United States v. Curtiss-Wright Export Corp. 1936

Author:Daniel Brannen, Richard Hanes, Elizabeth Shaw

Page 911

Appellant: United States

Appellee: Curtis-Wright Export Corporation

Appellant's Claim: That the president has constitutional authority to prohibit arms sales to foreign nations at war.

Chief Lawyers for Appellant: Homer S. Cummings, U.S. Attorney General; Martin Conboy

Chief Lawyer for Appellee: William Wallace

Justices for the Court: Louis D. Brandeis, Pierce Butler, Benjamin N. Cardozo, Chief Justice Charles E. Hughes, Owen J. Roberts, George Sutherland, Willis Van Devanter

Justices Dissenting: James Clark McReynolds (Harlan Fiske Stone did not participate)

Date of Decision: December 21, 1936

Decision: Ruled in favor of the United States by finding that the president holds unwritten powers to conduct foreign policy.

Significance: By broadly describing executive power in foreign affairs, the Court provided a justification for the president to act in foreign affairs without requiring congressional approval. The ruling laid the groundwork for the exercise of future presidential authority in decisions concerning U.S. activity in foreign countries.

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In keeping with the principle of separating power between the branches of the government, in 1787 the Framers of the U.S. Constitution assigned some foreign affairs powers to Congress and some to the president. However, much was left undefined, particularly responsibilities during peacetime. Congress can regulate international commerce (trade), declare war, and approve treaties signed by the president. The president is commander-in-chief of the military, appoints ambassadors to foreign nations, and negotiates foreign treaties. The role of the states and the courts in foreign affairs is fairly limited.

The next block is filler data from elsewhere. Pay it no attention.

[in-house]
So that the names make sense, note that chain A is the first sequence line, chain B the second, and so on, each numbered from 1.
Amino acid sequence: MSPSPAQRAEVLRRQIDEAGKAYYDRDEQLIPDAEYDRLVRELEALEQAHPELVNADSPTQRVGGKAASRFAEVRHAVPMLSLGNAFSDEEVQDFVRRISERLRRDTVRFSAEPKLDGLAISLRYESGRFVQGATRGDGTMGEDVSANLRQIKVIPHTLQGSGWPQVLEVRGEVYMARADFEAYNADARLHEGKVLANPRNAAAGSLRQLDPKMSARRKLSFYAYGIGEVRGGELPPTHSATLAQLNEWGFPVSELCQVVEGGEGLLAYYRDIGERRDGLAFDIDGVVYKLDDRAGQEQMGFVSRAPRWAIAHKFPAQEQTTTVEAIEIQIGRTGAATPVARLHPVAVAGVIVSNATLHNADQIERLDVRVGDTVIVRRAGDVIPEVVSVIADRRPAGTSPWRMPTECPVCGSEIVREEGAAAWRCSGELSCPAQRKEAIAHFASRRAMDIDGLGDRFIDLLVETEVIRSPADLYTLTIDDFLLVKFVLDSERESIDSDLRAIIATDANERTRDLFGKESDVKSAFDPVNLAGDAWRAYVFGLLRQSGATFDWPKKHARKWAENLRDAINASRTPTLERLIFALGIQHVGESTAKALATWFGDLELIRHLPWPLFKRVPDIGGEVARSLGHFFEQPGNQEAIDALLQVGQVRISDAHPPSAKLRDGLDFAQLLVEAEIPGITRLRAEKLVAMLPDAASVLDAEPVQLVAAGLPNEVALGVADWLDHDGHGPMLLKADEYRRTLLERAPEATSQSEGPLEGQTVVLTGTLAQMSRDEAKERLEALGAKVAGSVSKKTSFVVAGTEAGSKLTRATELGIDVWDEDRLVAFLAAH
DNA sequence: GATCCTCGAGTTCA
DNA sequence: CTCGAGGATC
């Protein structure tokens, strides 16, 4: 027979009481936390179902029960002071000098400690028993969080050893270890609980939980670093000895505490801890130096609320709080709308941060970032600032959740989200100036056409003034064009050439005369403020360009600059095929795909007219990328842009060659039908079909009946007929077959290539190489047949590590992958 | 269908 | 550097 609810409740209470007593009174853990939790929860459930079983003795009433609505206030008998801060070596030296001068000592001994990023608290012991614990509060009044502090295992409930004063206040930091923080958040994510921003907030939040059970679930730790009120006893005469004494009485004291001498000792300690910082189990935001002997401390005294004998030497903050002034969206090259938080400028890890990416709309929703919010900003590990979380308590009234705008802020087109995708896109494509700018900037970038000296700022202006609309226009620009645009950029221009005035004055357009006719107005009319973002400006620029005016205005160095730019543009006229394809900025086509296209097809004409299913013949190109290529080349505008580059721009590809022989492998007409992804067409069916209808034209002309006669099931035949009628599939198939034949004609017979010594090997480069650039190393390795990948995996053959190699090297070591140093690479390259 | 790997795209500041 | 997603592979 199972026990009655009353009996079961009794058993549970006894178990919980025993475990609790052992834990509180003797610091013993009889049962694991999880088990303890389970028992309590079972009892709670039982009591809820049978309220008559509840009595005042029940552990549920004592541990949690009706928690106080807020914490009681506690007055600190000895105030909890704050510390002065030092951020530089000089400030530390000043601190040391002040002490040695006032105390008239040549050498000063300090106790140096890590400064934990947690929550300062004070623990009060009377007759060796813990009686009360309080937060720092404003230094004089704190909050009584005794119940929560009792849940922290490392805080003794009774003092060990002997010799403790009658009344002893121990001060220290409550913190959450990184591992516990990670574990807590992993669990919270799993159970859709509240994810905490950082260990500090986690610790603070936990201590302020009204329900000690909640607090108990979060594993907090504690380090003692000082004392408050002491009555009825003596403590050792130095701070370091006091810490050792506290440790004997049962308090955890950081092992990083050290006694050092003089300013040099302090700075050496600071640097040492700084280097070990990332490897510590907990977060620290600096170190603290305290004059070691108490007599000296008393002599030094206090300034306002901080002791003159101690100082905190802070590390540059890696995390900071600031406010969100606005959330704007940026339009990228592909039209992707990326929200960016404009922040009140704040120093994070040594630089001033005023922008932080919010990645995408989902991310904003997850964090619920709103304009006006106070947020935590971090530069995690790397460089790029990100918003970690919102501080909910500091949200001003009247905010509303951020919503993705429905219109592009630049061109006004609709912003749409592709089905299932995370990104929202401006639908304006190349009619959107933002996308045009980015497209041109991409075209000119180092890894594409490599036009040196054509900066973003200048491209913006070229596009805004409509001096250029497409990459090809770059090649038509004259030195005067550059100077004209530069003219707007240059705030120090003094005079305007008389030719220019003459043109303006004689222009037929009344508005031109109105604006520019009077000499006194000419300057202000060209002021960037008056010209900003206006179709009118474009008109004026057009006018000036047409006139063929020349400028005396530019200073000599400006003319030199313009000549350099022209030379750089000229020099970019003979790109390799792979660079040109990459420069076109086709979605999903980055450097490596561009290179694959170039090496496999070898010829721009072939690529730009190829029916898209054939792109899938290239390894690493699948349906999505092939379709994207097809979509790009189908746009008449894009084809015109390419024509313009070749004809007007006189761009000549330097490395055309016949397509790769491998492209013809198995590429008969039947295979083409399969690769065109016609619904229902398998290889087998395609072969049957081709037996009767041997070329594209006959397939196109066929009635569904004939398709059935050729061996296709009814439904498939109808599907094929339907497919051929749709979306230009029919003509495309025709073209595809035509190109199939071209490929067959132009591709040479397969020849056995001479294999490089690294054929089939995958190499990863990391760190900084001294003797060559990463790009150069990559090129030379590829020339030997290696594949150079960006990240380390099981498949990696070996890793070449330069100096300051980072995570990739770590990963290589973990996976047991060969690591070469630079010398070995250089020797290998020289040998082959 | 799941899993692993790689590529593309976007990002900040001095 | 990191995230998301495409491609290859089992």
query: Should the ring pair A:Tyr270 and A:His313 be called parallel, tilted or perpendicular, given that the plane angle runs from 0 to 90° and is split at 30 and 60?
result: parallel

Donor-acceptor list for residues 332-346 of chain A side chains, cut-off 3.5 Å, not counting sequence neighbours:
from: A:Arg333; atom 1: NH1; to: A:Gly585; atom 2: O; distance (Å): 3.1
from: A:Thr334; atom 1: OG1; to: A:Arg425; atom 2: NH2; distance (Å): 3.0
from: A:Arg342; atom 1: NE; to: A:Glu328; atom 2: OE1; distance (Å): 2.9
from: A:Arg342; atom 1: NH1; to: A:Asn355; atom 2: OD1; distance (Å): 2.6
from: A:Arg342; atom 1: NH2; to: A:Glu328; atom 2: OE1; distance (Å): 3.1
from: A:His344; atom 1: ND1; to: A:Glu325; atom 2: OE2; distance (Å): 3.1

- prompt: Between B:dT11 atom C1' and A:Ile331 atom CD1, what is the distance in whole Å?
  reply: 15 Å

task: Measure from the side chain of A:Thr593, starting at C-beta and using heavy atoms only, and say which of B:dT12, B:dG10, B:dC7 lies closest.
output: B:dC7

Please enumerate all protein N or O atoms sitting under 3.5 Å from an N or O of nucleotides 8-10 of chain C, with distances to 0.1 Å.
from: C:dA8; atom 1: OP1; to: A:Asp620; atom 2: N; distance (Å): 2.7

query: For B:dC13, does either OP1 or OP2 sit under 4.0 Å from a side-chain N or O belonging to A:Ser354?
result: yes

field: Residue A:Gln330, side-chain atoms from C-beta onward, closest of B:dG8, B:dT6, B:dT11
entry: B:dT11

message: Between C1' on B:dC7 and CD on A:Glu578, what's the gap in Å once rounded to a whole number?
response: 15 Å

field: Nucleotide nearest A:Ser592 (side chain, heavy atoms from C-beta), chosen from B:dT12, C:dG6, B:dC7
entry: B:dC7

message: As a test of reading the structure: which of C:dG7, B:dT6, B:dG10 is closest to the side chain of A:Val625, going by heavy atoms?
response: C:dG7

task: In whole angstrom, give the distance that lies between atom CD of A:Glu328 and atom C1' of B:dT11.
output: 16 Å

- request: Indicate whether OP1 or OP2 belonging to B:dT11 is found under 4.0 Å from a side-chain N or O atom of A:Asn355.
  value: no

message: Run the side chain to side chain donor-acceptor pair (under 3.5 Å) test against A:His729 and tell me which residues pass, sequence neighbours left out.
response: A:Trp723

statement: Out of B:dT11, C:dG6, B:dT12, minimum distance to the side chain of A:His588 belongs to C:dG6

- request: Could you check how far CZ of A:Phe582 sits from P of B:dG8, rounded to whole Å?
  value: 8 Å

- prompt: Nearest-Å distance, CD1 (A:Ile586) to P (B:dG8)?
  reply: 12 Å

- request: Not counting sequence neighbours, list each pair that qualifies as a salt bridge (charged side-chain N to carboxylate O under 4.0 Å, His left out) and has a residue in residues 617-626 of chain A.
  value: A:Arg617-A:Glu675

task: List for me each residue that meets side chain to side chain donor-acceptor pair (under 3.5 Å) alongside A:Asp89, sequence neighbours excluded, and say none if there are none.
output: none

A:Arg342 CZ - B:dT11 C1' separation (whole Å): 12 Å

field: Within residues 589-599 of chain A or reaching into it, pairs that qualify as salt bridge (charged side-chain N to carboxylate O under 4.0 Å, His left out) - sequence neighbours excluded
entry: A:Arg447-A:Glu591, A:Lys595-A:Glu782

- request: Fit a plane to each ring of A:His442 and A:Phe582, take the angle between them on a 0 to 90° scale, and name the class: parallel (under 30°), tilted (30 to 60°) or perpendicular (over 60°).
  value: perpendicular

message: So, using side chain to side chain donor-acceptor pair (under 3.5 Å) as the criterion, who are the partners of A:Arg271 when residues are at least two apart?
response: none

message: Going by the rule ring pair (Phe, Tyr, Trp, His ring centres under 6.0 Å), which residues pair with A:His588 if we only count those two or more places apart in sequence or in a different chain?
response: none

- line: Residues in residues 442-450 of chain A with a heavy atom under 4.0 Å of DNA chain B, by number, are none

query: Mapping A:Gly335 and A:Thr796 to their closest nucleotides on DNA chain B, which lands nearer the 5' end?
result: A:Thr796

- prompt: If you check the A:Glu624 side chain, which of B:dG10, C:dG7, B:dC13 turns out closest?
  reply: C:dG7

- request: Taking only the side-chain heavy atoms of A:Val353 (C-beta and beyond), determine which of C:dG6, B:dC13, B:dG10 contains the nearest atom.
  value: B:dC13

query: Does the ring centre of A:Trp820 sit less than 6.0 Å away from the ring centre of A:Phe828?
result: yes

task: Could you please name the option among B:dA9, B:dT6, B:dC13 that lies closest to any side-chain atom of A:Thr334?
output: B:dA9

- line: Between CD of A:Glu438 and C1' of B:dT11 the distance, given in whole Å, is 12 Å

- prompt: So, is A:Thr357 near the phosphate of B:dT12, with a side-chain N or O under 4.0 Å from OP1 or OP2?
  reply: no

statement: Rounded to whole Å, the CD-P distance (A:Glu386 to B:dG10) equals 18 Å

Through the nineteenth century, the United States was not a world power and foreign affairs not a primary concern. However, at the beginning of the twentieth century the United States began to emerge as a world power with the president often playing the main role in shaping and carrying out U.S. foreign policy. Congress began regularly assuming a lesser role in developing policy, instead primarily reacting to actions taken by the president such as, providing funds for presidential initiatives (programs) or approving treaties.

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